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Spam rate increase is seen

Published: 2009-10-07
Last Updated: 2009-10-07 19:44:09 UTC
by Joel Esler (Version: 3)
13 comment(s)

Thanks to a reader (Thanks Bob), who wrote in this morning asking if we have seen an increase in spam lately, I can personally confirm that yes, I have seen more spam in my inbox lately.

Bob sent us a couple interesting graphics, the first being a graph of how much of a spam increase there has been recently:

Secondly another graph he sent in was an interesting correlation.  It was how many viruses have been blocked by ClamD.

 

As I said, I've noticed a big increase in spam lately in my own personal email as well.  

What about the rest of the readers?  Have you guys experienced similar?

UPDATE:  Several people have wrote in saying they have seen the same thing.  Thank you for writing in.

-- Joel Esler | http://blog.joelesler.net | http://twitter.com/joelesler

Keywords: Spam
13 comment(s)

Cyber Security Awareness Month - Day 7 - Port 6667/8/9/7000 - IRC: is it evil?

Published: 2009-10-07
Last Updated: 2009-10-07 19:42:18 UTC
by Joel Esler (Version: 3)
7 comment(s)

IRC.  Internet Relay Chat, commonly found on ports 6667,6668,6669, and 7000, but really, found on most any port.

My question is, is it evil?  Now, I've worked at some places in the past where IRC was generally forbidden, viewing that it was pretty much an evil thing, only "hackers" used it, and was a bad place to download "warez".  (Yes, these words are put in quotes because they were actual words spoken to me, when I asked the question "Uh, Why?")

IRC is a very well documented (RFC here) "chat" protocol allowing for any of hundreds upon hundreds of pieces of client software to interact with IRC servers (or networks of servers such as freenode, efnet, or dalnet) in order to enter "rooms" or "channels" in order to talk with other members of the channel or room.  Most of you know this.

However, there became another use for them several years ago, one of a Command and Control or "C&C" type of technology, where malware that was placed (or downloaded and ran) on a machine on your local network connecting outbound, "beaconing" back to the C&C server (generally just an IRC channel with a password) so that the Master of the malware could control the other computers. 

This became known as a botnet.  You may have heard of them.

(Now, I am sure the term "botnet" was used long before IRC was being used as a C&C, but you get my point, in fact, I know it was, but you get my point.) 

Of course over the years, botnets have become more sophisticated, by using things like SSL and http instead of IRC, but there are still a lot of botnets out there that use IRC for C&C.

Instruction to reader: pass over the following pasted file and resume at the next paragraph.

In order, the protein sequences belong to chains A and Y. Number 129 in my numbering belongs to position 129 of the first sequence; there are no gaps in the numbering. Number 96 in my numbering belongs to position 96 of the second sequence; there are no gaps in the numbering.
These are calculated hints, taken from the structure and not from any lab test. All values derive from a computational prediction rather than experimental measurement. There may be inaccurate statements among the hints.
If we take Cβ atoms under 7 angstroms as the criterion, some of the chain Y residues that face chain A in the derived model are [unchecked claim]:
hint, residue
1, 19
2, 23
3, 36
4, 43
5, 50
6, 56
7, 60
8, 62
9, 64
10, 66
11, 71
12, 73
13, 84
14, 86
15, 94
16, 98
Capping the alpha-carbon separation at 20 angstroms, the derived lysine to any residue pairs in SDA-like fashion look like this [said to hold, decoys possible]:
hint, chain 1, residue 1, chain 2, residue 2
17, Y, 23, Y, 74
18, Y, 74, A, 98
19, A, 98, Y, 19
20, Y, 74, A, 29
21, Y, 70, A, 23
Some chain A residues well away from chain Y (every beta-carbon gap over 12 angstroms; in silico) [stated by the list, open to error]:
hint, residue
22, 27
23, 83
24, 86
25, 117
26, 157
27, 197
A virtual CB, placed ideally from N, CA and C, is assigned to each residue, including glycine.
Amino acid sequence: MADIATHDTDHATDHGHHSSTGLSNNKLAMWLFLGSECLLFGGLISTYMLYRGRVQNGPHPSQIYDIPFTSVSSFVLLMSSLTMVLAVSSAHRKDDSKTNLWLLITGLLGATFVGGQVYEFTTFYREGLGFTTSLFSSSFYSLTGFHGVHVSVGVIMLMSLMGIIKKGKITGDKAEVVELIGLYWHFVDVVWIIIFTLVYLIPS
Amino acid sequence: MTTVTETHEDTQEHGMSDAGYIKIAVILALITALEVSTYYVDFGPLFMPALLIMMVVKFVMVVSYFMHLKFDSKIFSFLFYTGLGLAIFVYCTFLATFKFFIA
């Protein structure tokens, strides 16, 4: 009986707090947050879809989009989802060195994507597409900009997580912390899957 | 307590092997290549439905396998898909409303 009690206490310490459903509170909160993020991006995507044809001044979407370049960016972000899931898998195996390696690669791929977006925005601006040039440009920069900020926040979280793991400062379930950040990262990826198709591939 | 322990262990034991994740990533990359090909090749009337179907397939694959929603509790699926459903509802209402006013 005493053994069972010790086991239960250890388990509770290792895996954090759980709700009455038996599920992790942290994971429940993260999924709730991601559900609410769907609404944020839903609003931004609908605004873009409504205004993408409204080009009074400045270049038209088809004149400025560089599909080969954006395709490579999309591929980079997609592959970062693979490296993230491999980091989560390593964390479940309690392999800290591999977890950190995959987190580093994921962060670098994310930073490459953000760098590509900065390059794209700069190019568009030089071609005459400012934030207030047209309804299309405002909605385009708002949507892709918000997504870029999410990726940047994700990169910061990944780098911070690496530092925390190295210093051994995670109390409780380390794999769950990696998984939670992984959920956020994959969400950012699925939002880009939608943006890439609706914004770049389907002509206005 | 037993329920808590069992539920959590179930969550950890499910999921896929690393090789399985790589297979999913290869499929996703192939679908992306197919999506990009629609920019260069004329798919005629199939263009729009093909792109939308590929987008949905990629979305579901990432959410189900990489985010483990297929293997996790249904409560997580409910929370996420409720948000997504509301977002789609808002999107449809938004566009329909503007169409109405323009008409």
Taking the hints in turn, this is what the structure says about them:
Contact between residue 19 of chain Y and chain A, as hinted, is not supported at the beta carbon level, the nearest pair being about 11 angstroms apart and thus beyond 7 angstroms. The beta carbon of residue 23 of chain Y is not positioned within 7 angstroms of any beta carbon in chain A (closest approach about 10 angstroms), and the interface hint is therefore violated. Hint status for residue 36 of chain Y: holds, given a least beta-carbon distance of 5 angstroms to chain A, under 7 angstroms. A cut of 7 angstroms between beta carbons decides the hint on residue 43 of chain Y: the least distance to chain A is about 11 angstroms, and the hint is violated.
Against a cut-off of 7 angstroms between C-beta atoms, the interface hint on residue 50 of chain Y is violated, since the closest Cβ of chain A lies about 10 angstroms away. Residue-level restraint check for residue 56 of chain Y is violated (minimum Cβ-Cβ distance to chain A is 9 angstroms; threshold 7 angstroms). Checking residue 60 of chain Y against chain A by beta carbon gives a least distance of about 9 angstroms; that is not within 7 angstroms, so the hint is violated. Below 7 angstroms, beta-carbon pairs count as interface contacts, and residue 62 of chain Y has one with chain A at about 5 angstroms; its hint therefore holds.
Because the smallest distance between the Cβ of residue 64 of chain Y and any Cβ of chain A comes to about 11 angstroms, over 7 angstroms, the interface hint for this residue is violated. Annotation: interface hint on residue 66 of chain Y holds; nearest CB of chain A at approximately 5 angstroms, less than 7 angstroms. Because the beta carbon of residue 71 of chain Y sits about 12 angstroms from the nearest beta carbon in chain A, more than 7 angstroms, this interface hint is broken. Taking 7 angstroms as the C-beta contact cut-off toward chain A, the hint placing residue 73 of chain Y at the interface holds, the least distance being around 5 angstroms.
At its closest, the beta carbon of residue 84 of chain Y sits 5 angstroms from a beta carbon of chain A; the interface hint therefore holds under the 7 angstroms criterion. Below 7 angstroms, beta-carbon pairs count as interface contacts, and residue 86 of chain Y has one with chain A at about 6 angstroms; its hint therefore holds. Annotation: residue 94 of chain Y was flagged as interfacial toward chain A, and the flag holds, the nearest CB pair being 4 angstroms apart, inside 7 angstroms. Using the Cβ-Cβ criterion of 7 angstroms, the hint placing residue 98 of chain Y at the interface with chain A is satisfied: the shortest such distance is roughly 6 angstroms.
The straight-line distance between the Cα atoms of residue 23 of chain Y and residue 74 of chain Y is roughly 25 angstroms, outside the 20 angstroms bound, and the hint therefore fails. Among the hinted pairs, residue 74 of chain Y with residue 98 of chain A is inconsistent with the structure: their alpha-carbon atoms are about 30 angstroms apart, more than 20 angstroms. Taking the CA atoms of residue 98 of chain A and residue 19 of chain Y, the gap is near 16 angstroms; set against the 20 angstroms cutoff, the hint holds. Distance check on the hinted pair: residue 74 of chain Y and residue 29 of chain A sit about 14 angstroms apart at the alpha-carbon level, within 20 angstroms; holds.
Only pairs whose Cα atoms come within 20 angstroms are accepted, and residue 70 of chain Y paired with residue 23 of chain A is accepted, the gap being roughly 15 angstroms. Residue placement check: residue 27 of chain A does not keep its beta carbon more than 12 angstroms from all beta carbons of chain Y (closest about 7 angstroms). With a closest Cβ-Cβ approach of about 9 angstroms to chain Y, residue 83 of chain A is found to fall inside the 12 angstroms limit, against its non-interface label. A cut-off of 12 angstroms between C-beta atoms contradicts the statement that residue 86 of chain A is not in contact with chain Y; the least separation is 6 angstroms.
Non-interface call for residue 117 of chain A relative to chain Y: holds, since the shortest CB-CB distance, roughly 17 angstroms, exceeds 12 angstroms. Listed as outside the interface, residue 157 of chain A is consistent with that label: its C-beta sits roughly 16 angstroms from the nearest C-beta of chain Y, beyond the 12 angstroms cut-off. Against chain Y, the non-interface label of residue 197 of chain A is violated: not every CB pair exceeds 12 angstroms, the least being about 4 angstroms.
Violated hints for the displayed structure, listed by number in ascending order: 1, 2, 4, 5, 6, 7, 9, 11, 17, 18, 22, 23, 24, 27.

Where I used to work, and also in my present job (Sourcefire, makers of Snort) we used to find these botnets by using the IRC rules that are found in the chat.rules file.  The rules that are in the chat.rules files are bound to the standard IRC ports, however, and as I previously stated, IRC, especially C&C "covert" channels of IRC traffic, goes out over any port.

I've seen C&C on port 80, port 53, you name it, 23, 21.. you get the point.  So the easiest way I found to track these IRC network connections is by removing the port restrictions on the IRC rules in the chat.rules file, and replacing the ports with an "any" statement.  (Of course, I am referring to Snort syntax here.)  Allowing the rules to trigger on IRC on any port.

Things to keep in mind about this very simple method of finding IRC on the network, if you allow IRC on your network, you are going to get tons and tons of alerts...

... however, if you do NOT allow IRC on your network, and you find it, you are either finding someone who is violating policy (generally something you'd want to do), or, something worse.  Hopefully not one of these simplistic C&C "covert" channels, if you find these examples (usually easily identifiable by reviewing the Snort logs and NOT seeing a conversation, but seeing commands and passwords being issued), start noting the IPs that are in the alerts on your network, and start cleaning!

I generally don't feel that IRC is a bad thing, if used responsibly.  If IRC is allowed on the network, then finding those botnets can be tricky (I would start by suppressing freenode, dalnet, etc servers in your threshold.conf file), and it might take more work, but the benefits of it will show themselves in the end.

UPDATE:  Reading some of the comments, I think people are believing that I am trying to say that IRC is evil.  No, it's not.  I use it all day, every day.  I am saying that it is used for C&C.  Sometimes.  But so are http and https, so...

-- Joel Esler | http://blog.joelesler.net | http://twitter.com/joelesler

Keywords:
7 comment(s)
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